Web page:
Gift Acceptance: Make Sure You Know What You’re Getting!

For nonprofit organizations, a potential gift can be a great opportunity—or a big liability. The key is to be able to distinguish the two, and a gift acceptance policy can help. For organizations that don’t have a policy—or perhaps haven’t reviewed their policies in a while—there is no time like the present to get a great one in place. Here a  few fundamental issues to keep in mind with respect to a gift acceptance policy:

Not One Size Fits All. A good policy should be crafted to fit an organization’s size, mission and capabilities. While it can make sense to start with another organization’s form, or compare different forms, ultimately an organization needs to adopt a policy that is tailored to its needs. This should be a collaborative process, involving staff, management, the board (or perhaps a board committee responsible for oversight) and the organization’s advisers as needed.

Cover Not Just What, But Who. A policy will set out the types of gifts that will be accepted, and gifts that will not be accepted. It also should set out the questions or procedures that need to followed for particular gifts, because certain gifts (e.g., real estate, closely held business interests) are more risky than others and need to be more carefully evaluated. But don’t forget to cover who needs to be involved in accepting a gift. Some gifts can be accepted by staff, but other gifts should involve the organization’s board or legal counsel. In addition, the organization should consider whether a committee (such as a finance committee, or a dedicated gift acceptance committee) can be involved and responsible for the acceptance of certain gifts.

Remember the Fundamental Purpose. The overarching purpose of the policy is to protect the organization, by giving it the proper framework to evaluate potential gifts and be in the best position to decline gifts that could be too costly or carry other negative ramifications for the organization. Other purposes can be served, such as educating staff/donors or protecting donor relationships, but it is important to keep in mind, when drafting or reviewing the policy, that protecting the organization needs to be first and foremost the main goal.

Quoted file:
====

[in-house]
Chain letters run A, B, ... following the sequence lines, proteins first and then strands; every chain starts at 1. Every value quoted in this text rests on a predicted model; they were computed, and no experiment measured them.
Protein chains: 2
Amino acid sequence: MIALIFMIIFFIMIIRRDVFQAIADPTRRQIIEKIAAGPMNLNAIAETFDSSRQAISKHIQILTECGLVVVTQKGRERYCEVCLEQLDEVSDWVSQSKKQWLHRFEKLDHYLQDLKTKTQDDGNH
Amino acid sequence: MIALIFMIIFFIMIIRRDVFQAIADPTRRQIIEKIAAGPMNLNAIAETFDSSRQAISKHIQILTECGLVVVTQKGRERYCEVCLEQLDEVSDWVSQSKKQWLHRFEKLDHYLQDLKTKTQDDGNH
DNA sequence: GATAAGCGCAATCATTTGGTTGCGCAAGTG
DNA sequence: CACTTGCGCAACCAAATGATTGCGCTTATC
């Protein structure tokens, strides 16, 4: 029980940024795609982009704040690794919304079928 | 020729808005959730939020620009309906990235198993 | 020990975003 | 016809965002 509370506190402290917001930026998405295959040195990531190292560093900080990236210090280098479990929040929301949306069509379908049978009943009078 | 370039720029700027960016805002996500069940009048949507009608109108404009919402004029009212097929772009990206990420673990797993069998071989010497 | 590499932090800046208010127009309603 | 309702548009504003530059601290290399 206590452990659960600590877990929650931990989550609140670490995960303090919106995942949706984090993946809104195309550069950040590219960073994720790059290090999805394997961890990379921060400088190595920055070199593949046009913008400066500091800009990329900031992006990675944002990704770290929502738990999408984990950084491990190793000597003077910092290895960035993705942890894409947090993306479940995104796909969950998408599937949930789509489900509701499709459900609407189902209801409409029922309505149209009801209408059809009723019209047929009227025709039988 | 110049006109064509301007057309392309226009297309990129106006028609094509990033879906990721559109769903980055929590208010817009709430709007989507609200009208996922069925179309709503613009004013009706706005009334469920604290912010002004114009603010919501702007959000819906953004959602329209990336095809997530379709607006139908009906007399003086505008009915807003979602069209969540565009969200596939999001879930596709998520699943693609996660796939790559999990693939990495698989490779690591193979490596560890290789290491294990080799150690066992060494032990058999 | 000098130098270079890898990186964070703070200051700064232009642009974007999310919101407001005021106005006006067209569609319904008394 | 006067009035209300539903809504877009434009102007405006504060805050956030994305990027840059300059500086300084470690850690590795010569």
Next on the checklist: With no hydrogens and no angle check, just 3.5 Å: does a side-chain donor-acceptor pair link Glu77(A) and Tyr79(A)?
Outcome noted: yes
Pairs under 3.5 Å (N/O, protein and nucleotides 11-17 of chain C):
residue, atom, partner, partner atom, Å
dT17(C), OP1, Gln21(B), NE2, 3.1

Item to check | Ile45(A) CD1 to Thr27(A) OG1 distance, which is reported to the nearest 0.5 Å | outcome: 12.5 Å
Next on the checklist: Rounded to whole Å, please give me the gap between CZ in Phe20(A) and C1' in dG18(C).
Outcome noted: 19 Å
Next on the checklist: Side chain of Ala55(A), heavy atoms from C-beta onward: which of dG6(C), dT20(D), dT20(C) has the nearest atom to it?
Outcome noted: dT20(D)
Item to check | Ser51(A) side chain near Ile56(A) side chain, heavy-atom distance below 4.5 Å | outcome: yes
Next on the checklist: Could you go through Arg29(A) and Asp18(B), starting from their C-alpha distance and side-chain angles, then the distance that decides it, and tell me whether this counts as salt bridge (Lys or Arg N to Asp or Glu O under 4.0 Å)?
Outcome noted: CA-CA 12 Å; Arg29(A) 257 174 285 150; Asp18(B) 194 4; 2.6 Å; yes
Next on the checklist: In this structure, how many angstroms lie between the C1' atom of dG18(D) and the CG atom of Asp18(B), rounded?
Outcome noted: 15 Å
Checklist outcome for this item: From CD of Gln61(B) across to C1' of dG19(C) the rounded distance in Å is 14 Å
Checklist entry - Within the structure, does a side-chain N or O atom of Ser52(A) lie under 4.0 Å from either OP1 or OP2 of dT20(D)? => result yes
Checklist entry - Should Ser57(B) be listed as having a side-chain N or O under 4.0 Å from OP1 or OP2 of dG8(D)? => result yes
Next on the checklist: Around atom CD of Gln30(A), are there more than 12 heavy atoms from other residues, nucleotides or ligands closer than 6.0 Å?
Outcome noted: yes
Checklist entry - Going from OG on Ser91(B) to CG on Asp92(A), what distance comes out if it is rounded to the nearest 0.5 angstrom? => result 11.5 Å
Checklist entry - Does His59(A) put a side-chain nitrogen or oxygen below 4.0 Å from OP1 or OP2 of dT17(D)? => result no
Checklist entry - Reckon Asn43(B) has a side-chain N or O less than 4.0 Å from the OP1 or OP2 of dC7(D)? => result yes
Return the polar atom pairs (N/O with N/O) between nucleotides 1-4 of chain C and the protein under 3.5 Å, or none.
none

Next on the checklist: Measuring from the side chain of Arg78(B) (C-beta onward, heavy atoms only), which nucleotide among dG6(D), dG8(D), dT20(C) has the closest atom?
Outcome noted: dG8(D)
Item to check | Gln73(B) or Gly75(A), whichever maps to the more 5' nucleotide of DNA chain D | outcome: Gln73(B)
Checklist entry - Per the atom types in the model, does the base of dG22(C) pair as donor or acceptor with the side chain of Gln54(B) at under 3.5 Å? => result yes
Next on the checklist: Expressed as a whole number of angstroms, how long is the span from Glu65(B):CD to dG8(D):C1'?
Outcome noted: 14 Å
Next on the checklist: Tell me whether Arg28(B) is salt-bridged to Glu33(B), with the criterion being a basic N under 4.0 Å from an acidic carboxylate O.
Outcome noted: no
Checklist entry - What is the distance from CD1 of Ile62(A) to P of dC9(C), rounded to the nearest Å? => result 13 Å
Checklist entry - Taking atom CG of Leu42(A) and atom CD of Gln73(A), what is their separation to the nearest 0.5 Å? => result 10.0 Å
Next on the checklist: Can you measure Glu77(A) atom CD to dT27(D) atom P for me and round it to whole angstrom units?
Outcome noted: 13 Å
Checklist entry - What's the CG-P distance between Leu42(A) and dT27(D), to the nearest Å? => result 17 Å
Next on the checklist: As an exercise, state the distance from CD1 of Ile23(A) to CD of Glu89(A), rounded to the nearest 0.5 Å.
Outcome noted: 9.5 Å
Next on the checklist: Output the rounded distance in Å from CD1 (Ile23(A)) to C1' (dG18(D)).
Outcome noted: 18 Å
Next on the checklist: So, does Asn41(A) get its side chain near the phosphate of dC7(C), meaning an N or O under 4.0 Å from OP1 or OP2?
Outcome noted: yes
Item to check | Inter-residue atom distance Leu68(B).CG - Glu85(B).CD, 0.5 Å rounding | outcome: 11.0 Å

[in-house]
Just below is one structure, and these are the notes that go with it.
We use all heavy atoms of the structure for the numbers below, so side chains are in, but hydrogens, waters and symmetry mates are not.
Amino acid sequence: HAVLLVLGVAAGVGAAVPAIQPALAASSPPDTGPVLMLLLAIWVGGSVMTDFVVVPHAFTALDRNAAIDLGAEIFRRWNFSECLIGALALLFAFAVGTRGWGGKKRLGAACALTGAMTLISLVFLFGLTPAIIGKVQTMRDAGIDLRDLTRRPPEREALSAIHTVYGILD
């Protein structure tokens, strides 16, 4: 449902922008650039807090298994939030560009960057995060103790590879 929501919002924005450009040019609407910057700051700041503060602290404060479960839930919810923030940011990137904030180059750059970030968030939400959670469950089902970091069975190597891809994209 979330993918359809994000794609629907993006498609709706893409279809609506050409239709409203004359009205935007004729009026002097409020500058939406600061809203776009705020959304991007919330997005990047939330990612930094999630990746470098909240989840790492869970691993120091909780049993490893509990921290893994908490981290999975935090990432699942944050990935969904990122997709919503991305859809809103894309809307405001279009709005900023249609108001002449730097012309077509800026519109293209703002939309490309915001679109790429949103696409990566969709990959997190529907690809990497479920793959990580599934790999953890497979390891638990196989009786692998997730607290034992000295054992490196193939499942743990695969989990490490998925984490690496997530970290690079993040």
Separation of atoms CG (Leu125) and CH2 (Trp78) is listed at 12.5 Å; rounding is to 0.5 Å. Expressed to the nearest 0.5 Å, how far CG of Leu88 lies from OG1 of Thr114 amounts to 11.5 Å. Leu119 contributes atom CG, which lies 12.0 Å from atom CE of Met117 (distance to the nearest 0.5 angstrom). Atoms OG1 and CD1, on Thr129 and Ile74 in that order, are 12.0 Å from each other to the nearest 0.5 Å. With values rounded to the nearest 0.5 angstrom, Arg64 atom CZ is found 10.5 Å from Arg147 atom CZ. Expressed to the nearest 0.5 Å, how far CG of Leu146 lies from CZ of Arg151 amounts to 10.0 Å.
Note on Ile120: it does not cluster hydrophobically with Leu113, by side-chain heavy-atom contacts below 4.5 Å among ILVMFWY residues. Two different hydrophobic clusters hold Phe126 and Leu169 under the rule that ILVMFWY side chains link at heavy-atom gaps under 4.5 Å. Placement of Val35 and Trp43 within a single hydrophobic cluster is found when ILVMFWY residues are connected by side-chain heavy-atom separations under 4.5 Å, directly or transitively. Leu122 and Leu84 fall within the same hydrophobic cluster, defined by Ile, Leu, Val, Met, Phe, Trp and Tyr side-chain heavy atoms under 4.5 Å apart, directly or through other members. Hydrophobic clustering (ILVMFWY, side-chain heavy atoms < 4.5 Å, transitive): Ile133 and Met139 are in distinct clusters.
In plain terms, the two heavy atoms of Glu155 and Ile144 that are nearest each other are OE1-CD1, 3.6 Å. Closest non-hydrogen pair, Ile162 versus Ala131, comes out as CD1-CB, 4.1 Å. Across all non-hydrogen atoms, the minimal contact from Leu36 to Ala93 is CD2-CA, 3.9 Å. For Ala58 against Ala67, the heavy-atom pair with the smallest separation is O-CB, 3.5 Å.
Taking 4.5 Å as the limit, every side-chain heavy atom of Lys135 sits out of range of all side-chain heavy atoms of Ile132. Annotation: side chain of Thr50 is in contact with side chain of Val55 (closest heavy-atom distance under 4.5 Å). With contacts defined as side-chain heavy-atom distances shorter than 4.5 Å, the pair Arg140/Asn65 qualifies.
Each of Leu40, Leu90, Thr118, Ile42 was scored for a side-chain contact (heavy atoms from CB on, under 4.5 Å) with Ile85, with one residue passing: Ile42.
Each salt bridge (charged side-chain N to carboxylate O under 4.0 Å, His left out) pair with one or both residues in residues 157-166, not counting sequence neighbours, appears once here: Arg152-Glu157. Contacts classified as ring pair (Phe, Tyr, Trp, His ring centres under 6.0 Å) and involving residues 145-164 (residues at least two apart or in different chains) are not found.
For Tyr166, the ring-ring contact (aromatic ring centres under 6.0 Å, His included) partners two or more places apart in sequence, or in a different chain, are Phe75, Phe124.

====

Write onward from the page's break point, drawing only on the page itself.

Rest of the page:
Careful with Restricted Gifts. An organization should carefully consider its approach to restricted gifts, which carry ongoing obligations. It’s important to establish that the organization won’t accept gifts unrelated to its mission, and the organization should require careful review of restricted gifts to ensure that the desired restriction isn’t too narrow to be useful. It may decide to set up parameters within the policy around certain gifts such as endowments, and also may consider utilizing a mechanism like a variance power to give some flexibility to the organization in the event that a restriction becomes difficult to comply with.

Include Your Standards. The policy should make clear that the organization holds itself to high standards ethically, and will abide by its conflict of interest policy in accepting gifts. Importantly, the policy should also be clear that donors will be encouraged to work with their own legal or financial advisers in order to understand tax consequences of proposed gifts.

Be Mindful of Review. A policy is only good if it is being used, evaluated and  updated with legal developments and any specific changes or additions that the organization determines it needs to make. It is a good idea to review policies annually, and to set out within the policy the timetable and process for doing this. For example, if the organization has a gift acceptance committee, the policy could require the committee to review the policy annually and recommend revisions as needed to the board.

Cover Other Nitty-Gritty. The policy also should cover issues like reporting and acknowledging gifts; valuing gifts; any fees it charges, and fees it generally requires the donor to handle (e.g., appraisals or the donor’s own adviser fees); and IRS reporting.

All in all, a gift acceptance policy is important for an organization to have, and it will serve the organization well to take the time to draft one that is just right—and to keep it updated. This can help the organization avoid taking on a gift that is more work than windfall!

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